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Book Review: Moxyland, by Lauren Beukes

“Don’t let anyone tell you that Apartheid has nothing to do with South Africa now. Those roots run deep and tangled and we’ll be tripping over them for many generations to come.”

 

Moxyland, by Lauren Beukes, is a brilliantly written dystopian science fiction novel, set a mere fifteen minutes into the future, as the saying goes.

Split between four entwining narratives, Moxyland follows the lives of four South Africans: Kendra, an art-school dropout and ‘sponsor baby’ who’s been injected with nanobots and branded, as part of a viral marketing scheme by a gen-mod company; Lerato, a tech-company worker infected with AIDS at birth, who is looking for a way out of her mid-level corporate job; Tendeka, a revolutionary, fighting against the corporate-elite and the police in a bid to reveal the true toxicity of the world; and Toby, a narcissistic blogger who streams his life in his ‘Diary of a Cunt’. Their worlds’ collide, again and again, throughout the novel, as the dystopian world they live in, a world where the South African Police Corps administer electric shocks through the populace’s SIM cards and issue 24-hour disconnects from the internet, and thus almost everything in Moxyland, from buses and the underground to apartment buildings and hospitals. Alongside their genetically modified Aitos (police dogs), the police are a less-than benevolent presence, and menace the people.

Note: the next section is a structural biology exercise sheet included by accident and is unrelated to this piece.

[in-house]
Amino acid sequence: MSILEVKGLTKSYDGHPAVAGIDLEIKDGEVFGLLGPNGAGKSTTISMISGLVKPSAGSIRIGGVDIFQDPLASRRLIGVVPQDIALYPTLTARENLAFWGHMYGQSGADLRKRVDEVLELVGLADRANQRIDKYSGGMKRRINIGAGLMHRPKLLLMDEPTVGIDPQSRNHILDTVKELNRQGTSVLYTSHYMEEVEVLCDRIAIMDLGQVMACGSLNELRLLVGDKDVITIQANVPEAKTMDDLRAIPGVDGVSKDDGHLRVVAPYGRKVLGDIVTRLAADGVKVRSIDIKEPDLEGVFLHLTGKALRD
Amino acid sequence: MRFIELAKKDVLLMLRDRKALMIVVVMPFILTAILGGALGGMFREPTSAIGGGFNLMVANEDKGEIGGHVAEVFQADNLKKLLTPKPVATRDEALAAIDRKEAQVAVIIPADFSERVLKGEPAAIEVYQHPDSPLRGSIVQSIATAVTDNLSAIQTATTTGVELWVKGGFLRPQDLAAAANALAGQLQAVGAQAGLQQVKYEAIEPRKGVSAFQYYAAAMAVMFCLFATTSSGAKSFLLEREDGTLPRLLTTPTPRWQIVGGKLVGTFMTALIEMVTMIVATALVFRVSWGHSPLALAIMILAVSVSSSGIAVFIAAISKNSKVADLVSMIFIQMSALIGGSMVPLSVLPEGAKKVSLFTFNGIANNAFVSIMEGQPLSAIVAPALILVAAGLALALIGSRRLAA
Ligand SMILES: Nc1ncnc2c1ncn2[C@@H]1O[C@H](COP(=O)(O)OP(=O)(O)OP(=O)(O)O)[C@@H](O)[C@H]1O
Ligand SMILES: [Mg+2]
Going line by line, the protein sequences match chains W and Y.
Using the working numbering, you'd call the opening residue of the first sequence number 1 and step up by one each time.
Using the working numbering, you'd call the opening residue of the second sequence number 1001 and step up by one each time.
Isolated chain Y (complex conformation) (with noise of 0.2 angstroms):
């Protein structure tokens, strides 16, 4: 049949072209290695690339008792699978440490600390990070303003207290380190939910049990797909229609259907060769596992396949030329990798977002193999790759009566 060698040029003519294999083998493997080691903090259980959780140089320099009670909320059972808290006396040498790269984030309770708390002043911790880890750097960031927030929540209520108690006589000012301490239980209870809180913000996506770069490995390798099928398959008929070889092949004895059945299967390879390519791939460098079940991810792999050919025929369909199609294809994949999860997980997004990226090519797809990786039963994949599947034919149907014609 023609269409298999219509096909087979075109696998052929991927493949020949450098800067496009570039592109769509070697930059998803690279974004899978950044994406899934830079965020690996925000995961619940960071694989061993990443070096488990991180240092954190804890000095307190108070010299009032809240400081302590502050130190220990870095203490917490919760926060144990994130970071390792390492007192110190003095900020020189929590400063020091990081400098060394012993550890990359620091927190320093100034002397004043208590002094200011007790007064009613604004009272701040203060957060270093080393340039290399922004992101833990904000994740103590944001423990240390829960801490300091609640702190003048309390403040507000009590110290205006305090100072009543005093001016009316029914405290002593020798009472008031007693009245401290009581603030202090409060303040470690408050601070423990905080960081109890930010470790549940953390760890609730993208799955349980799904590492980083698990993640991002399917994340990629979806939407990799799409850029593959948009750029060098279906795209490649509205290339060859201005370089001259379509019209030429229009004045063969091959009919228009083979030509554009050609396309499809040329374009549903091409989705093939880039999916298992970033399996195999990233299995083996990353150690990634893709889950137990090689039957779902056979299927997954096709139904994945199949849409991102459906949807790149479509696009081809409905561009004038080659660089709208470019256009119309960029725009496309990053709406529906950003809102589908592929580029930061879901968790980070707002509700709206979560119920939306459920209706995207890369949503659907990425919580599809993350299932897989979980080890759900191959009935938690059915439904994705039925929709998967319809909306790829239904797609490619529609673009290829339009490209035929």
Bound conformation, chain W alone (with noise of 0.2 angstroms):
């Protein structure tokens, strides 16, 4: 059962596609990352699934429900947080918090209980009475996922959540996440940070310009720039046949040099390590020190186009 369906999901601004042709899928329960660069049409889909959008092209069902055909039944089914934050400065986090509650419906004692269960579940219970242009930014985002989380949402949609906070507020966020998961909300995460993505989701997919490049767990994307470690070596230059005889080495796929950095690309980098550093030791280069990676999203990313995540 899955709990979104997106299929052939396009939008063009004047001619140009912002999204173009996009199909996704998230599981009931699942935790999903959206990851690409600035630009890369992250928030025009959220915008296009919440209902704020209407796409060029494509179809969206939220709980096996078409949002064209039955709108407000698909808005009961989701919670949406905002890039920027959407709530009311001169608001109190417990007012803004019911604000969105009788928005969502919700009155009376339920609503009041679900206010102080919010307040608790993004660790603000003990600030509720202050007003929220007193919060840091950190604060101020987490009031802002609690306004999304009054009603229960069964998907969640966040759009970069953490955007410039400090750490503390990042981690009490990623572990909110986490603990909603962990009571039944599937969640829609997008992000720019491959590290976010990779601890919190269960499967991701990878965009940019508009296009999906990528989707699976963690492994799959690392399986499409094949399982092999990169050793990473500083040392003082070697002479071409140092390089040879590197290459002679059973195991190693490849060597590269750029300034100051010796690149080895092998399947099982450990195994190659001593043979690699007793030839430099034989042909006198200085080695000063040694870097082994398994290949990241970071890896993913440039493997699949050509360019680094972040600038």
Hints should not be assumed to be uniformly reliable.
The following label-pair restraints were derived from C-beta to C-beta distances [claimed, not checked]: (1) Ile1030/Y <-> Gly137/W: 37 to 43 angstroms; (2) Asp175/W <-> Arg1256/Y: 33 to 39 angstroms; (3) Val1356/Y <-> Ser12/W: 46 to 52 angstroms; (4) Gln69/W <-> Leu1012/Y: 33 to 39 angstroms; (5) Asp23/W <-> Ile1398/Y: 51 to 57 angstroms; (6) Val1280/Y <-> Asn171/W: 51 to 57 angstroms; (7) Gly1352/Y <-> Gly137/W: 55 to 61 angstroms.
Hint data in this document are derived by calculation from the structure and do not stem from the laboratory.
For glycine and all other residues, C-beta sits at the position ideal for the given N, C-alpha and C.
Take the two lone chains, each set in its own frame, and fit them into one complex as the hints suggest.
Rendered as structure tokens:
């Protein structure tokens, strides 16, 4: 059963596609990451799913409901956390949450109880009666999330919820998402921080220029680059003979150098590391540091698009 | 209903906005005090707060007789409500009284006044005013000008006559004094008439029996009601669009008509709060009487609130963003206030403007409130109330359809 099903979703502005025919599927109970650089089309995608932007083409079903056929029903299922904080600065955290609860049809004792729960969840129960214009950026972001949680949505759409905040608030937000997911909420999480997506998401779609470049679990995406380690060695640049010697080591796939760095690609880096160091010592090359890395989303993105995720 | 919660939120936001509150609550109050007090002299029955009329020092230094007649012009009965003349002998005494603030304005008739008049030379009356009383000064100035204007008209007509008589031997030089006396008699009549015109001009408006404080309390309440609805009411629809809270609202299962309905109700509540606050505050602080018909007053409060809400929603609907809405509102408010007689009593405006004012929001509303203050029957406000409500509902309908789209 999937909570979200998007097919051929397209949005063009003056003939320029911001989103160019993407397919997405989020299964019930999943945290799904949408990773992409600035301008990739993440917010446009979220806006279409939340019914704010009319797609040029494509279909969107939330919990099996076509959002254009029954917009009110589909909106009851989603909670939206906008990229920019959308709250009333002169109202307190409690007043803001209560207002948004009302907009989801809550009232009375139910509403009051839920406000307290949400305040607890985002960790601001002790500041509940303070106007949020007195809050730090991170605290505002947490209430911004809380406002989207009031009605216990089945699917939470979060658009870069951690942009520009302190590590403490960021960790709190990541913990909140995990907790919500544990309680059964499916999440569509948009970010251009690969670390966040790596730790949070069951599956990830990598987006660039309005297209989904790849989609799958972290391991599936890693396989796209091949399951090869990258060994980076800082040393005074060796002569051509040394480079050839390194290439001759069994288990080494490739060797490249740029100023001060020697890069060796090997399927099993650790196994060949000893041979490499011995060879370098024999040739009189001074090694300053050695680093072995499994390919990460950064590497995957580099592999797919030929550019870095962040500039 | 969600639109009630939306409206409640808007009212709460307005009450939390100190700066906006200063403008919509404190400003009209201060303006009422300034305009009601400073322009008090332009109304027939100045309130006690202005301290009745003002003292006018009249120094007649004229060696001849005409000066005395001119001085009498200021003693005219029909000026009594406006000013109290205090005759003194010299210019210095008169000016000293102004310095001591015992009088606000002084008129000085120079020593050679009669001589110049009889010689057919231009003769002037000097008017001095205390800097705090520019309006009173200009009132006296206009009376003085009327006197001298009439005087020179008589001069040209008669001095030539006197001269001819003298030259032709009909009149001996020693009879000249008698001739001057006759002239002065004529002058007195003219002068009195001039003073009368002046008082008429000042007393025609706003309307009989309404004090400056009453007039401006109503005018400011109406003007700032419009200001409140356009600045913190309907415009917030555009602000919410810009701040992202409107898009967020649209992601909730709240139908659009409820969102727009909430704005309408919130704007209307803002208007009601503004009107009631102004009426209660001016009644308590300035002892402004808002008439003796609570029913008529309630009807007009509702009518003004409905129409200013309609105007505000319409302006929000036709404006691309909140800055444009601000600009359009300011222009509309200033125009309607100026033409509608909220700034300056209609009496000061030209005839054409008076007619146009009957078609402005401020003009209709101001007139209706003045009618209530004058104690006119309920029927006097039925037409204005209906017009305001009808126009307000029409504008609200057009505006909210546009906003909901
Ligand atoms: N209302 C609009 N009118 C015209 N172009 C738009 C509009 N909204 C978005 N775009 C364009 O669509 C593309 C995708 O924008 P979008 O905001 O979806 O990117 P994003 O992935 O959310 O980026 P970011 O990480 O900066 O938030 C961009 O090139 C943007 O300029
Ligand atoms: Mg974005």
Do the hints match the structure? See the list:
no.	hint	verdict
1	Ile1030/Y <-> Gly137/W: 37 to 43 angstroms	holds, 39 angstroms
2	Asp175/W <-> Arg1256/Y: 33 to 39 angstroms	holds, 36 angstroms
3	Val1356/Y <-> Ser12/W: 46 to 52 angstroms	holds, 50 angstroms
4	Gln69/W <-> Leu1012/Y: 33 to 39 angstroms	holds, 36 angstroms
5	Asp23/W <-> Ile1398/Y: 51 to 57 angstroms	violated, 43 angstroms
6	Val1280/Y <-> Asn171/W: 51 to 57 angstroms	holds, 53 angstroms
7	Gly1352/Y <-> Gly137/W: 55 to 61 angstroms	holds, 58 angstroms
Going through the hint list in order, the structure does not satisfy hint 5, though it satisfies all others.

It is brilliant, and terrifyingly predictive, summoning a future where terrorism, fear and a false sense of security have forced the people to accept these impositions into their daily lives. The spirit of the Great Firewall of China, of the draconian police measures inflicted on citizens in the Western world, and peoples’ fears of genetic modification and of the terrifying disconnect are combined and born into the world in Moxyland, and stand as a warning as to where our world is heading.

A great read.

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Patience

Nuclear Winter Recon. CC photo by Paul Hocksenar

 

Countless days, endless nights.

The slow click of the Geiger counter.

Awkward, stretching silences.

The flicker of electric lights, the hum of the generators.

The stink of diesel, of unwashed bodies.